Jim Keane, SJ, in America:

This morning in my class at the Jesuit School of Theology on “Jesuit Priesthood: Theory and Praxis,” our opening prayer included the following verses from Psalm 142: “When my spirit grows faint within me,/You know my way;/ In the path where I walk, /they have hidden a trap for me.”

Only an hour earlier, in a far different locale, I had watched while a fellow Jesuit and classmate of mine, Joseph Hoover, S.J., was found guilty by a jury of his peers in a courtroom at the Wiley Manuel Courthouse in Oakland, CA, for the crime of “obstructing a public thoroughfare.”  His alleged (I suppose now confirmed) sin was that he did not get out of the way quickly enough at an Occupy Oakland rally and march two months ago in Oakland, Calif, when a charging line of Oakland Police Department officers in riot gear ran at him.  That the arresting officer had quite clearly beaten Joe with his baton (the officer who hit him looked Joe and the jury in the face and perjured himself—I know his testimony to be a lie, since I saw the bruises myself the night I picked Joe up from jail) seemed to sway the jury from convicting Joe of a second charge: obstructing a law enforcement officer in the performance of his duties.  That charge, it turns out, cannot be considered proved if the arresting officer uses excessive force. Joe himself took the stand and testified he had no intention of obstructing anyone—that he was an unarmed man in a Roman collar walking away from the police—but it made no difference as to the first charge, and Joe was found guilty.  Of that, at least.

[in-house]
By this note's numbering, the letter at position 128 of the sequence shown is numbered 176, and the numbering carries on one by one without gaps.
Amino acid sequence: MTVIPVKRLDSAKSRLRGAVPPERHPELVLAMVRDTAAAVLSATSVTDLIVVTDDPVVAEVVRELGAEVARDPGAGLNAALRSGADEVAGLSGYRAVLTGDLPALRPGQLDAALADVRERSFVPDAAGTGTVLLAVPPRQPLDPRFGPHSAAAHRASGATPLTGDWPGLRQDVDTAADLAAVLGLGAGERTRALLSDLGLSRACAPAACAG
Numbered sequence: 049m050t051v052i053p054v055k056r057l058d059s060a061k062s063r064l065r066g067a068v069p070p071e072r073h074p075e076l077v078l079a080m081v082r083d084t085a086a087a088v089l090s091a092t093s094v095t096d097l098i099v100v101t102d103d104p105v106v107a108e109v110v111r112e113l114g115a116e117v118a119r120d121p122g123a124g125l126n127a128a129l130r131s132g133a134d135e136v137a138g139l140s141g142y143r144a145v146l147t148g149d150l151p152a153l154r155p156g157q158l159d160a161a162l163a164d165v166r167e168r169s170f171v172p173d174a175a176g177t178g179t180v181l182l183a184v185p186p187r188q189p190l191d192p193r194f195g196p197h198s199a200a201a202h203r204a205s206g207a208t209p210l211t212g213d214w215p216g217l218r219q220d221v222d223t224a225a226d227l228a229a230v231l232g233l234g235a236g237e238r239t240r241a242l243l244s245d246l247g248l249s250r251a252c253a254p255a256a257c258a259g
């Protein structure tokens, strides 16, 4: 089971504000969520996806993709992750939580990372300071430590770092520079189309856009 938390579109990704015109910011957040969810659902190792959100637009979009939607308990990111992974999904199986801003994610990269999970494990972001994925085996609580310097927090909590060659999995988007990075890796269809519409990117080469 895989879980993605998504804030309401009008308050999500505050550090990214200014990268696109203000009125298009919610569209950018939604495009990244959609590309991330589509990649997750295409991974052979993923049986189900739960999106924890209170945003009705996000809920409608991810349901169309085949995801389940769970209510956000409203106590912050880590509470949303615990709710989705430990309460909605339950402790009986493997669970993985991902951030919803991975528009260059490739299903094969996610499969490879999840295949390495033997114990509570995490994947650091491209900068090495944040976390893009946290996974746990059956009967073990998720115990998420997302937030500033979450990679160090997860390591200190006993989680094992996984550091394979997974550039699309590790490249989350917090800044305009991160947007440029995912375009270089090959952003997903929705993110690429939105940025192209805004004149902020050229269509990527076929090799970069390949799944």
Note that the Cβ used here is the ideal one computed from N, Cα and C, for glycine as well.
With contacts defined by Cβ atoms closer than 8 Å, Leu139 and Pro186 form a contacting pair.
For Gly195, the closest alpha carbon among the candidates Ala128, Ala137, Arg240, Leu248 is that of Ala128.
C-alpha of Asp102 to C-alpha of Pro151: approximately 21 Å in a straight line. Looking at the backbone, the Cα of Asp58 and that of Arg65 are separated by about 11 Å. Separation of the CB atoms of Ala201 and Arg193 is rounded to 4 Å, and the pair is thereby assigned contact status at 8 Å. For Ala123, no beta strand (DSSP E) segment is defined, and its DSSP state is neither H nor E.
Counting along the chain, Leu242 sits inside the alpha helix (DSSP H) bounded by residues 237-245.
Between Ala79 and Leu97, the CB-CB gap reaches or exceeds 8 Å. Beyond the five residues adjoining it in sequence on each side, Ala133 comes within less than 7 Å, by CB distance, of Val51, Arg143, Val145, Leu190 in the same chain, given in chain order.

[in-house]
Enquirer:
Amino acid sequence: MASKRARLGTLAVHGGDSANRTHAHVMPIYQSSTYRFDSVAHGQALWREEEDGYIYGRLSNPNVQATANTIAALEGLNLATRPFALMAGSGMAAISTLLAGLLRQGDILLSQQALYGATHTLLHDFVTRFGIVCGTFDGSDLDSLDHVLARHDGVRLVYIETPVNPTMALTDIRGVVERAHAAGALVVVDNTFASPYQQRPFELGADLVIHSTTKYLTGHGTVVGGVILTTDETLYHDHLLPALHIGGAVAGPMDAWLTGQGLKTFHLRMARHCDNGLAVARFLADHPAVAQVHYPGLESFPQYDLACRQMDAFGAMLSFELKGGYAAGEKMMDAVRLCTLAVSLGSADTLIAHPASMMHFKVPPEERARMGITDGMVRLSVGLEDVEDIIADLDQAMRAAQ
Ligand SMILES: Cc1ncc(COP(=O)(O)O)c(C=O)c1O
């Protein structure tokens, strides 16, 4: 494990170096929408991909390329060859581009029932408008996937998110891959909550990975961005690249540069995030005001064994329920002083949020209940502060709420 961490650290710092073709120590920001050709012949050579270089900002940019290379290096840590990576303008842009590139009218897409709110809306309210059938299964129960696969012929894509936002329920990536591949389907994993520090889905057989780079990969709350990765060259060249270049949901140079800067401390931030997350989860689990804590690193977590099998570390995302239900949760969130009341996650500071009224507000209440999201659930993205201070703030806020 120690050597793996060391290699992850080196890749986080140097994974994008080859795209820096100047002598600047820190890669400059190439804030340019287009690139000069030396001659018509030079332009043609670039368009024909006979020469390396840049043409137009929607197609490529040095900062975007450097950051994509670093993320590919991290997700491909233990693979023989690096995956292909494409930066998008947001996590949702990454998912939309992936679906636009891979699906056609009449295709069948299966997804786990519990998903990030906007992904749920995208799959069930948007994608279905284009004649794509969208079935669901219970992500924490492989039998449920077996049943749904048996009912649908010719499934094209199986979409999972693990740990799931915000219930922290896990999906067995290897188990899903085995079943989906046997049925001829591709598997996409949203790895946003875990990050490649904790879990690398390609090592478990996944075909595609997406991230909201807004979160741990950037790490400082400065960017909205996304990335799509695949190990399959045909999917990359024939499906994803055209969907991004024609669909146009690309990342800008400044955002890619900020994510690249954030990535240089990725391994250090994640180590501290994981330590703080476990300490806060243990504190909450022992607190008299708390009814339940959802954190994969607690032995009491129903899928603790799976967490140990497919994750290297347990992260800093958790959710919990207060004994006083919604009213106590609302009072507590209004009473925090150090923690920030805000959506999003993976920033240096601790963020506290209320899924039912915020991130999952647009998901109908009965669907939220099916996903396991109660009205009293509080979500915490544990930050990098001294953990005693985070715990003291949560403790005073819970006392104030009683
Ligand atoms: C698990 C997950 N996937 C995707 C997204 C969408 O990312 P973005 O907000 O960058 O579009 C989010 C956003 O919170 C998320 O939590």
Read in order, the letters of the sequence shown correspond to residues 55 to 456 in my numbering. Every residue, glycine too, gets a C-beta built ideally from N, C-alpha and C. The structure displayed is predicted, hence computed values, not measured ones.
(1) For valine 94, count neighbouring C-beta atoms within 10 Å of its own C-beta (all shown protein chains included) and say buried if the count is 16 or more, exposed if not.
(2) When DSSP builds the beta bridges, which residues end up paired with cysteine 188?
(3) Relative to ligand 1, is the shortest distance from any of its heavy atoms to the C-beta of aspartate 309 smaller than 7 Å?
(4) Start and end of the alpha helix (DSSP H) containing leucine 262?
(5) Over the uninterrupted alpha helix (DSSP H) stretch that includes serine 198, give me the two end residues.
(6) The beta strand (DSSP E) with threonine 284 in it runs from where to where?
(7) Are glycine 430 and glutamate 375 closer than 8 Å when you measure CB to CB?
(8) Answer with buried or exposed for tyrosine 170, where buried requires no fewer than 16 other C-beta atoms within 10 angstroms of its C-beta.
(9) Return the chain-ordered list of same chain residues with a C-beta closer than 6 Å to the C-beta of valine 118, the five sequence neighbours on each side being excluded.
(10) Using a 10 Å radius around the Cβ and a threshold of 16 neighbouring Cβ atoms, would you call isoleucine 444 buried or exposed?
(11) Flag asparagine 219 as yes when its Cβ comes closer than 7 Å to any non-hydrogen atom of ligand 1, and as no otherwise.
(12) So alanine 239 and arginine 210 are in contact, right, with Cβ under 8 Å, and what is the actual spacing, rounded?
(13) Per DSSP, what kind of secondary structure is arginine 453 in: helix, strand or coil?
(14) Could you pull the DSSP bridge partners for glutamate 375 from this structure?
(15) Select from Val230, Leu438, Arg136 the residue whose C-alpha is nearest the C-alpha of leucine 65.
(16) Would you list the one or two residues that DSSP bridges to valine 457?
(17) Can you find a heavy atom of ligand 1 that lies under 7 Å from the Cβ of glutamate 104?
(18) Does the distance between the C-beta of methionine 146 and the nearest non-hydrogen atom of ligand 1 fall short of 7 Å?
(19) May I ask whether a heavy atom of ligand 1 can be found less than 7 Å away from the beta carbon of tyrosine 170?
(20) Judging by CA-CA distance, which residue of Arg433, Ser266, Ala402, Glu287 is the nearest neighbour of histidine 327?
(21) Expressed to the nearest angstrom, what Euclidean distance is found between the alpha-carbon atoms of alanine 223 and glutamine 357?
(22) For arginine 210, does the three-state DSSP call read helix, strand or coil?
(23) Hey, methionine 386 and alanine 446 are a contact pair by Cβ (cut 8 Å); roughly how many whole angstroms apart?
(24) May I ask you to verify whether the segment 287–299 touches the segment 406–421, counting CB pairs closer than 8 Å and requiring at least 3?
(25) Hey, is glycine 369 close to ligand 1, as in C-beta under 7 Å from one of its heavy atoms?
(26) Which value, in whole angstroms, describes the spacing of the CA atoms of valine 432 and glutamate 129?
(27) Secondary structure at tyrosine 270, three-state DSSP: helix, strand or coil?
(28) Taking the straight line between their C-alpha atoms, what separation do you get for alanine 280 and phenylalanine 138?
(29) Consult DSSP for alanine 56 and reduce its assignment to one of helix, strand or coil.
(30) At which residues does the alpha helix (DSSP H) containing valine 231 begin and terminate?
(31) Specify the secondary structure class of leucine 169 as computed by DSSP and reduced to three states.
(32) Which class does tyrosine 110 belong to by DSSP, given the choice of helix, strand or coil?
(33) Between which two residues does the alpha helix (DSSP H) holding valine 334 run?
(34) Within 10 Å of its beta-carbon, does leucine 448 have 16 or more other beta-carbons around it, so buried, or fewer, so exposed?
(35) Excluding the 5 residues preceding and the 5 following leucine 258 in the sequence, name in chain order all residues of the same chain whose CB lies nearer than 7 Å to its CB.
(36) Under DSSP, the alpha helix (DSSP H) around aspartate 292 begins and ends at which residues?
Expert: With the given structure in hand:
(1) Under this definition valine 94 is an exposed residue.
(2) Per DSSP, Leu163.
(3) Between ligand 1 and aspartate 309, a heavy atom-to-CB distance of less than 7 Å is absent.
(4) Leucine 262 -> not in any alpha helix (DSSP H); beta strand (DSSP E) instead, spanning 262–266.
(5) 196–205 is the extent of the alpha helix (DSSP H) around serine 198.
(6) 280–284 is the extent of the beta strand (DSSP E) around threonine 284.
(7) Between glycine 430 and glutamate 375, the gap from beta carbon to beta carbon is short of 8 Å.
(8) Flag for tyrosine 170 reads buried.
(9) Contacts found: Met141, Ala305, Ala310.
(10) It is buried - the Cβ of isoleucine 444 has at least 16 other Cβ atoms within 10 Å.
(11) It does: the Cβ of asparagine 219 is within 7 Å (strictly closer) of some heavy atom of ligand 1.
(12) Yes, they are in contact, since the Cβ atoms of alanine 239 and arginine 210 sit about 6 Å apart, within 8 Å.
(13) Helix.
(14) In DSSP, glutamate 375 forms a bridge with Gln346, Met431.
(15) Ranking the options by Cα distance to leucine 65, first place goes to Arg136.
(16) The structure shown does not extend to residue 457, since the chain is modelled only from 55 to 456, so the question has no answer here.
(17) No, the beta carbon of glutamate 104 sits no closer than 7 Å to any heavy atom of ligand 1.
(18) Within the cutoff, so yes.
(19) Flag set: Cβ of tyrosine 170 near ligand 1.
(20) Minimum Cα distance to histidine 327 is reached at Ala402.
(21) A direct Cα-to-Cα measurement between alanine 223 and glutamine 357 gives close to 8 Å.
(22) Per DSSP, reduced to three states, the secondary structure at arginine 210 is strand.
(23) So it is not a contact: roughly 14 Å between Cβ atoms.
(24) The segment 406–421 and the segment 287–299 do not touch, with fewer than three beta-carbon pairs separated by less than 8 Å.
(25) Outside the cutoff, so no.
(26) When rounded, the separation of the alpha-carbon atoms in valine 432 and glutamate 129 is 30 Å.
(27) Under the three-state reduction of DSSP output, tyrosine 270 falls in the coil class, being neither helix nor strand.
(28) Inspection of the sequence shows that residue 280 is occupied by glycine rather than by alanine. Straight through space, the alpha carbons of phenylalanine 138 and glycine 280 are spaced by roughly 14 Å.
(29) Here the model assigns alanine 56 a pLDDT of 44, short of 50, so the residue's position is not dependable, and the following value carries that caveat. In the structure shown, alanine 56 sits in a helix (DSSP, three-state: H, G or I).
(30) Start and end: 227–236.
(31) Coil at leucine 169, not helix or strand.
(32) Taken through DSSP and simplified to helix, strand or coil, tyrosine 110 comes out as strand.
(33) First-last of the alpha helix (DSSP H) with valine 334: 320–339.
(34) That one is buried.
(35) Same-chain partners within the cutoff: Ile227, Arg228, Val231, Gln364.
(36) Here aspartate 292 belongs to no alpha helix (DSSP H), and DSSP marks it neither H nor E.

Joe should have been found innocent of all charges—if he was guilty, then so am I, and a number of other peers who have participated in actions with Occupy Cal and Occupy Oakland over the past year, in the name of solidarity with the protests and civil disobedience; and I could name a dozen of my classmates who participated to one degree or another—but he was also unlucky.  On the day of his arrest, he donned his clerical shirt, climbed on his bike, and rode from Holy Hill down to Oakland to show his solidarity with the 99 percent—those whom, in another tradition, are called the anawim.  He happened to run into an aggressive and violent officer on a violent day, and as a result, the unjustified attack on his person was followed by three days in the Alameda County Jail.  He was released to us “on his own recognizance,” a process that took the judge two minutes to approve and the sheriffs at the jail seven hours to carry out.  That experience has been followed by two months of seemingly endless court appearances, or at least ten; one thing I will tell you is that I now know four of the bailiffs by name, and I am not even the one who was arrested.

Joe has had no criminal record; Joe was, according even to the arresting officer, completely compliant with the authorities at and after his arrest.  But now he’s guilty, and next week we’ll go back for sentencing.

The whole experience left me angry but educated in new ways about the justice system.  Below are some of my own reflections from that experience.  I speak only for myself, not for this magazine nor for Joe nor for the Society of Jesus.

Read the rest here.

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